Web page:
Editorial Sudamericana, 1971; translated into Portuguese by Diva Ribeiro de
Toledo Piza as Introduco msica de nosso tempo, So Paulo, Livraria Duas
Cidades, 1977
Penalva, Jos. Carlos Gomes, o compositor, Campinas, Editora Papirus, 1986
Peppercorn, Lisa. Villa-Lobos: the music, London, Khan & Averill, 1990
Santos, Turbio. Heitor Villa-Lobos e o violo, Rio de Janeiro, Museu VillaLobos, 1975
Schic, Anna Stella. Villa-Lobos: souvenirs de lindien blanc, Paris, Actes du Sud,
Siqueira, Jos Baptista. Ernesto Nazareth na msica brasileira, Rio de Janeiro,
Editora Aurora, 1966
Tarasti, Eero. Heitor Villa-Lobos: the life and works, London, McFarland, 1995
Toni, Flvia. Mrio de Andrade e Villa-Lobos, So Paulo, Centro Cultural So
Paulo, 1987
Verhaalen, Marion. Camargo Guarnieri: expresses de uma vida, So Paulo,
edusp, 2001
Wright, Simon. Villa-Lobos, New York, Oxford University Press, 1991


fabio zanon

A Lesson with Ida:

an imaginary interview with Ida Prei
sarn dyer

The legacy of Ida Presti (19231967) presents a strange dichotomy. On the one hand,
Presti is regarded by many as the greatest guitarist of the twentieth century; on the
other, her approach to the guitar is often regarded by teachers as sui generis, a model
dicult and even dangerous to follow. But Prestis example continues to hold up a
mirror to the limitations of our present pedagogy and the limitations of some present expectations of the guitar. In this imaginary and largely speculative encounter,
Ida Presti explains the development of her unique approach to the guitar.

ida p rest i Ah, Monsieur le Mthodologiste, I believe. Alexandre tells me

that you have a special interest in understanding the playing of other guitarists
and that when you were studying with him, you often questioned him about my
sar n dyer Thats true. In the relatively short history of the modern guitar,
our great players have collectively revealed its character to us and I believe that
we should try to benefit as much as possible from their examples. As to whether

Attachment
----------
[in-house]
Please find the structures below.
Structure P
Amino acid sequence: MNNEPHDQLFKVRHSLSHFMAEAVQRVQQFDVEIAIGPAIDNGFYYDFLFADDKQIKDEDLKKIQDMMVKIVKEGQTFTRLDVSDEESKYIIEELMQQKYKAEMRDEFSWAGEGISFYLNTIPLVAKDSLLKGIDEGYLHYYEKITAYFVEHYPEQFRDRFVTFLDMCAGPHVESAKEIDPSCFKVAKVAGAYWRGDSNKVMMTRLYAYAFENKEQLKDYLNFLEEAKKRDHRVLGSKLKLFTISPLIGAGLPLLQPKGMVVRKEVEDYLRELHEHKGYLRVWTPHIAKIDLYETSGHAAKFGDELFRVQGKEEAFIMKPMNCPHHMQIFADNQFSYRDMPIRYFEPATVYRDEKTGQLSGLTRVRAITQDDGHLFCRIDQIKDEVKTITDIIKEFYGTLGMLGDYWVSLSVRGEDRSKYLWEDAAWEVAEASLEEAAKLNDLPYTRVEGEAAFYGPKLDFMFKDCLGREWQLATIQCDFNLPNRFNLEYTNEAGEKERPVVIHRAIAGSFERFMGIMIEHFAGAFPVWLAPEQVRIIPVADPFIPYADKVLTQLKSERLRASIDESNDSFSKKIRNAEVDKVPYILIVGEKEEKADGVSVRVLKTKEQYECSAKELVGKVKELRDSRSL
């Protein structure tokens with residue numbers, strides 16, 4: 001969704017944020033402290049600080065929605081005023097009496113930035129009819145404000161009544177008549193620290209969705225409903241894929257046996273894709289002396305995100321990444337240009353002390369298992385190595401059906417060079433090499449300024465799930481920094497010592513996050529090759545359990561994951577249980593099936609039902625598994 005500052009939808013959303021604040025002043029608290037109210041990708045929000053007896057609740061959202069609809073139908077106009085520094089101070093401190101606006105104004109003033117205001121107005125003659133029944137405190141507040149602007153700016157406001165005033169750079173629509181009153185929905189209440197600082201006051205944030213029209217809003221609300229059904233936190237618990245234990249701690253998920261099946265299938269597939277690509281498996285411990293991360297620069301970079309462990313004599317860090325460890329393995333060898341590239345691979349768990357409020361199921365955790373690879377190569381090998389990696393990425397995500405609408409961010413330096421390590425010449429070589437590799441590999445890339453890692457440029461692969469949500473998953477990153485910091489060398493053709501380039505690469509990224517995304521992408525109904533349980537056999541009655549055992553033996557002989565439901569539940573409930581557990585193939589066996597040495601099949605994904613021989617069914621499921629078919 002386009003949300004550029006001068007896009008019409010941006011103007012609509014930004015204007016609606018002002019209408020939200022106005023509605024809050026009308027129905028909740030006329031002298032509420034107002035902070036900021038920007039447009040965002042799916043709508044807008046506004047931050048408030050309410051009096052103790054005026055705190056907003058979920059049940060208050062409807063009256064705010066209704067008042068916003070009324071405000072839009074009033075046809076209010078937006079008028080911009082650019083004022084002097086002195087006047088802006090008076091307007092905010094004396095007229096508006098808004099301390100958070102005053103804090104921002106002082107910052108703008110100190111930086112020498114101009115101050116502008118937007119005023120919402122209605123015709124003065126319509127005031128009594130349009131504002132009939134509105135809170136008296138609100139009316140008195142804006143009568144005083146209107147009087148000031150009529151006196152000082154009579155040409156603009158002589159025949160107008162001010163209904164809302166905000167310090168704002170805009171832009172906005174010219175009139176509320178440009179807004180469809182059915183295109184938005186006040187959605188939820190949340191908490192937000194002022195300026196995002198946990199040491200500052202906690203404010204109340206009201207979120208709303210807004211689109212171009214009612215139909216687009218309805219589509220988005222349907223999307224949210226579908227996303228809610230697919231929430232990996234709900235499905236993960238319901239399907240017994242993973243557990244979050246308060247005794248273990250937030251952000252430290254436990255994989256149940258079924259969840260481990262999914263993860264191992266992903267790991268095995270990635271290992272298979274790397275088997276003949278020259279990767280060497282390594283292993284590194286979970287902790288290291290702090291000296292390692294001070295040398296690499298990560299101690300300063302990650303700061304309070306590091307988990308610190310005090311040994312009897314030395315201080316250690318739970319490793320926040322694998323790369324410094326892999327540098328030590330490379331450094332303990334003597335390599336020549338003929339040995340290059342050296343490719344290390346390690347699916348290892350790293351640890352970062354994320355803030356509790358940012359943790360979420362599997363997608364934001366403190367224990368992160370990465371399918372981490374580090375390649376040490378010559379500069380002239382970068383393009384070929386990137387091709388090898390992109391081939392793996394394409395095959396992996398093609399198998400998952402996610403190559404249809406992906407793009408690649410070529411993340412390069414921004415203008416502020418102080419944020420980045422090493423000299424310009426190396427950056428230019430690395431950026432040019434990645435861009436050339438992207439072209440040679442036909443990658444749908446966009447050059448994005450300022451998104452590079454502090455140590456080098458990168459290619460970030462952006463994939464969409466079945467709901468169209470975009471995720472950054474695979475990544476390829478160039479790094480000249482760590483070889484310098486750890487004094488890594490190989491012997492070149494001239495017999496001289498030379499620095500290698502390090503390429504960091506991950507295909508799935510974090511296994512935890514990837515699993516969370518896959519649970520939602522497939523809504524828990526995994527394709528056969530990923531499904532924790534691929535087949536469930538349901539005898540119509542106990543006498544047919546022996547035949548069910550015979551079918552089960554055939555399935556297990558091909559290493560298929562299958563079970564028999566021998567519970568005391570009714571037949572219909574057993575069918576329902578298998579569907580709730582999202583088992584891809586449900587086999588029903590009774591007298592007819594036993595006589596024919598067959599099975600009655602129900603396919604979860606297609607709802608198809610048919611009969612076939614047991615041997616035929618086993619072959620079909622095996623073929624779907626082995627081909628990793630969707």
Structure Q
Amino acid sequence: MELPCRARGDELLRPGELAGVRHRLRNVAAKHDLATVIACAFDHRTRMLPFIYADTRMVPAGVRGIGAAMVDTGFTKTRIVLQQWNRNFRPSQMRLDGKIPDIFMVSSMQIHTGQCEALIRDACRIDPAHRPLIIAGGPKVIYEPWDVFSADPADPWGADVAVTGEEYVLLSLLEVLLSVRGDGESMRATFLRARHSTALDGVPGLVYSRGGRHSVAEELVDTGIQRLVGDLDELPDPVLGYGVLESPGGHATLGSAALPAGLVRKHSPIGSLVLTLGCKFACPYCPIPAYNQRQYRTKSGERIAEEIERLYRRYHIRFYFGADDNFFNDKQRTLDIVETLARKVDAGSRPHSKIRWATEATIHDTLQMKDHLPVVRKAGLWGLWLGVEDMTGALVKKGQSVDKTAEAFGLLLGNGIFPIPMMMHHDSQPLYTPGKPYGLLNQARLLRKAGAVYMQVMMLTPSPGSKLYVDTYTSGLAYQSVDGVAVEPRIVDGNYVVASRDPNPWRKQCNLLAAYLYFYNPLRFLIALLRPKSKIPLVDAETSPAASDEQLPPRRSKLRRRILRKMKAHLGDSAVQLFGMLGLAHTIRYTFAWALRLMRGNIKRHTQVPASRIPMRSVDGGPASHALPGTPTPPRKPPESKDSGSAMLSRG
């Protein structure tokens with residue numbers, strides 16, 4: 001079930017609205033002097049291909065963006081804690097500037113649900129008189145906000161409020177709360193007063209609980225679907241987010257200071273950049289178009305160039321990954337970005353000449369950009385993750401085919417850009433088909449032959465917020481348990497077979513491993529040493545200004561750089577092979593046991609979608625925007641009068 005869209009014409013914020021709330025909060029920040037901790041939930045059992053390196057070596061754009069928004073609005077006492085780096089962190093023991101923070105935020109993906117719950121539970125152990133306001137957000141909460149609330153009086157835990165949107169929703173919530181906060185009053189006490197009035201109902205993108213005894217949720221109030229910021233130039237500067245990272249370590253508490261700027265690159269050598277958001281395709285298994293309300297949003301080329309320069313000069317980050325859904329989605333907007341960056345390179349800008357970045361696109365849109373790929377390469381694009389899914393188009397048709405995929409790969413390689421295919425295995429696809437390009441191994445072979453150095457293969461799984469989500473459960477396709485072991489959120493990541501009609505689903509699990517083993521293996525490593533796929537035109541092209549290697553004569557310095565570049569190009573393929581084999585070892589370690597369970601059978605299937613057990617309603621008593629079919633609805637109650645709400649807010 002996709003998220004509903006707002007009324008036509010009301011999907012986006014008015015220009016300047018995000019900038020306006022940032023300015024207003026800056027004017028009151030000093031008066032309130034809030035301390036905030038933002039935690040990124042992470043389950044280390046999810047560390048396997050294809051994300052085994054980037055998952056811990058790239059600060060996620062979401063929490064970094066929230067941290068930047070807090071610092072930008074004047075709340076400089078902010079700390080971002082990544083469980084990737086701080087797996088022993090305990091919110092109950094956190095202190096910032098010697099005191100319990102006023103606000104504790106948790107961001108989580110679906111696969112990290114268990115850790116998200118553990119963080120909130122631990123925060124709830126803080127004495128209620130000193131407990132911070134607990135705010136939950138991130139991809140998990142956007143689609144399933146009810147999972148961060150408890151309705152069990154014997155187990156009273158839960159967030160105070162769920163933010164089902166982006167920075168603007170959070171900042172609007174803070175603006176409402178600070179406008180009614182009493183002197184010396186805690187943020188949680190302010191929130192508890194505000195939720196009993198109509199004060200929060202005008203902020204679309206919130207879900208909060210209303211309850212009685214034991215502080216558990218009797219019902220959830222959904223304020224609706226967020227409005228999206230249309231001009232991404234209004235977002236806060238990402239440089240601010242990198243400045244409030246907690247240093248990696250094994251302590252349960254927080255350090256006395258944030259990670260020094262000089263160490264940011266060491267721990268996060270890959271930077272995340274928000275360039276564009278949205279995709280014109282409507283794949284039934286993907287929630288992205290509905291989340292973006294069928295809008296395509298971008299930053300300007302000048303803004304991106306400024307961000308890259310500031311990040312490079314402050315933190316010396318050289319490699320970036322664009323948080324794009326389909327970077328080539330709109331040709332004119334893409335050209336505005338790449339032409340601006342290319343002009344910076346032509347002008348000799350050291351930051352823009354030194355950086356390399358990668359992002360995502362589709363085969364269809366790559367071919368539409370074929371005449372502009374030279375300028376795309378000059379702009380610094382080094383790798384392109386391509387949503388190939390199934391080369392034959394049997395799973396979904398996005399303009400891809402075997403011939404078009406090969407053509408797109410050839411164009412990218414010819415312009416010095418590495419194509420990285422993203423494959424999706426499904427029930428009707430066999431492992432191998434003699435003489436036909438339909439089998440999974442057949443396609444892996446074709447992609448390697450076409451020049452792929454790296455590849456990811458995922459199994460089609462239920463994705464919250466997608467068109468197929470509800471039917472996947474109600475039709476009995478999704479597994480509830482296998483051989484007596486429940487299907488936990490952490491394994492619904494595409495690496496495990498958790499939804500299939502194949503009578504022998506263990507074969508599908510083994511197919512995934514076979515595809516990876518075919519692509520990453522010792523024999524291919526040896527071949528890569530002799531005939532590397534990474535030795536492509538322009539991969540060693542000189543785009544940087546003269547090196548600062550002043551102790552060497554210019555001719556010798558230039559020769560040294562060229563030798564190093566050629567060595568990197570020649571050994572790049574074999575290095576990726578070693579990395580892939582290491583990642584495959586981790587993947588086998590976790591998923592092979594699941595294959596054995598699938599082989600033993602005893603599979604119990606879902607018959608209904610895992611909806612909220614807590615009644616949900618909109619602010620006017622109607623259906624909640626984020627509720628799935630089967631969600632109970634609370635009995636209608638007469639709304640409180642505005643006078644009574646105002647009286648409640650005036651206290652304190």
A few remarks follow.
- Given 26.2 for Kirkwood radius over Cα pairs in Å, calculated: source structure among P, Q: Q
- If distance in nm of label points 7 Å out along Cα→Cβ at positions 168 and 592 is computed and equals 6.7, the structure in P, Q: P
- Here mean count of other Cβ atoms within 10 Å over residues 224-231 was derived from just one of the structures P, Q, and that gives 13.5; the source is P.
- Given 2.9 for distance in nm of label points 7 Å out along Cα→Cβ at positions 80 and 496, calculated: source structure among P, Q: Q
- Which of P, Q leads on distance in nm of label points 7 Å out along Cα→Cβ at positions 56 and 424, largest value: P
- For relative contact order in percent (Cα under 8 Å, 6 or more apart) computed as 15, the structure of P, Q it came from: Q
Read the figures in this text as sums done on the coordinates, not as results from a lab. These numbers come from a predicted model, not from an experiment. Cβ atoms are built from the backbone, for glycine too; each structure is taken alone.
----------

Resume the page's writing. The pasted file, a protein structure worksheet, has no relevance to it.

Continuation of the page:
I can call myself a methodologist, well your playing has undermined many of
my preconceptions.

When Ida Presti met Alexandre Lagoya

(19291999) in 1950 he had already
corresponded with her from Egypt she
declared him to be the best guitarist she
had ever heard. Two years later they
married and founded their illustrious duo,
achieving a success universally compared
to Andrs Segovias popularisation of the
solo medium.

ip Surely not! Does my playing appear so strange?

sd It certainly doesnt seem so when you are playing in fact, it is almost
impossible to imagine anything appearing more natural.
ip How mysterious! But you know, I am not the right person to ask about
matters of technique: I have never really thought about it. Whatever abilities I
have, these have developed from playing music, not from theorising. The challenge to me has always been to play music on the guitar as I hear it in my head
and technique has developed naturally from this. As you know, my father was
my first teacher. Although he was a pianist, he made a study of the guitar to be
able to help me. When he listened to me, he had certain musical expectations
and, in trying to fulfil these, I was obliged to find my own way from the start. So,
from the very beginning, there was no separation between musical expression
and technique. I do not mean to say that the study of technique is not valuable:
musicality does not develop in the same way and at the same speed in everyone.

Copyright 2003 by Sarn Dyer

Presti also had lessons with Emilio

Pujol (18861980), a student of Francisco
Trrega (18541909), and with Mario
Maccaferri (19001993), a student of Luigi
Mozzani (18691943). Later, she was to use
Pujols Escuela razonada de la guitarra
(Buenos Aires: Ricordi Americana, 1971)
in her teaching. The similarity between
these teachers right-hand positions and
Prestis is superficial, but certain of the
Escuelas precepts the involvement of
the entire arm from the shoulder to the
fingertips, for example may have been
significant in Prestis formation if they
were not merely fortuitous.


In teaching, Presti tended to leave all

matters of technique to Lagoya, concentrating her own attention entirely on
expression. For her, there was no poor
music, only poor players.

Alexandre, on the other hand, is very interested in this subject and is always looking for new ideas, so really it would be much better if you were to ask him
sd Lagoya certainly understands the technical aspect very well, but, in
spite of the balance you achieve in performance, arent your techniques rather
dierent in certain important aspects?
ip Yes, they are not quite the same, but the dierences are not so great. As
you know, we both play on the right side of the nail.
sd But do you both do so in the same way and for the same reasons? In both
your cases, the nail does not grip the string at the point of contact and is always
mobile, but your nail crosses the string from right to left, releasing at the centre.
Lagoya also releases the string at the centre, but because he uses his nails with a
longer right-hand side, there is less movement along the length of the string, although the nail travels approximately the same distance. What do you think?





(rh: index)

(rh: index)

of of

f st





direction of free stroke



path of string
greater angle
release point

path of string
release point

ip I dont know. Let me see

[Presti picks up her guitar and begins to warm up by playing arpeggios over the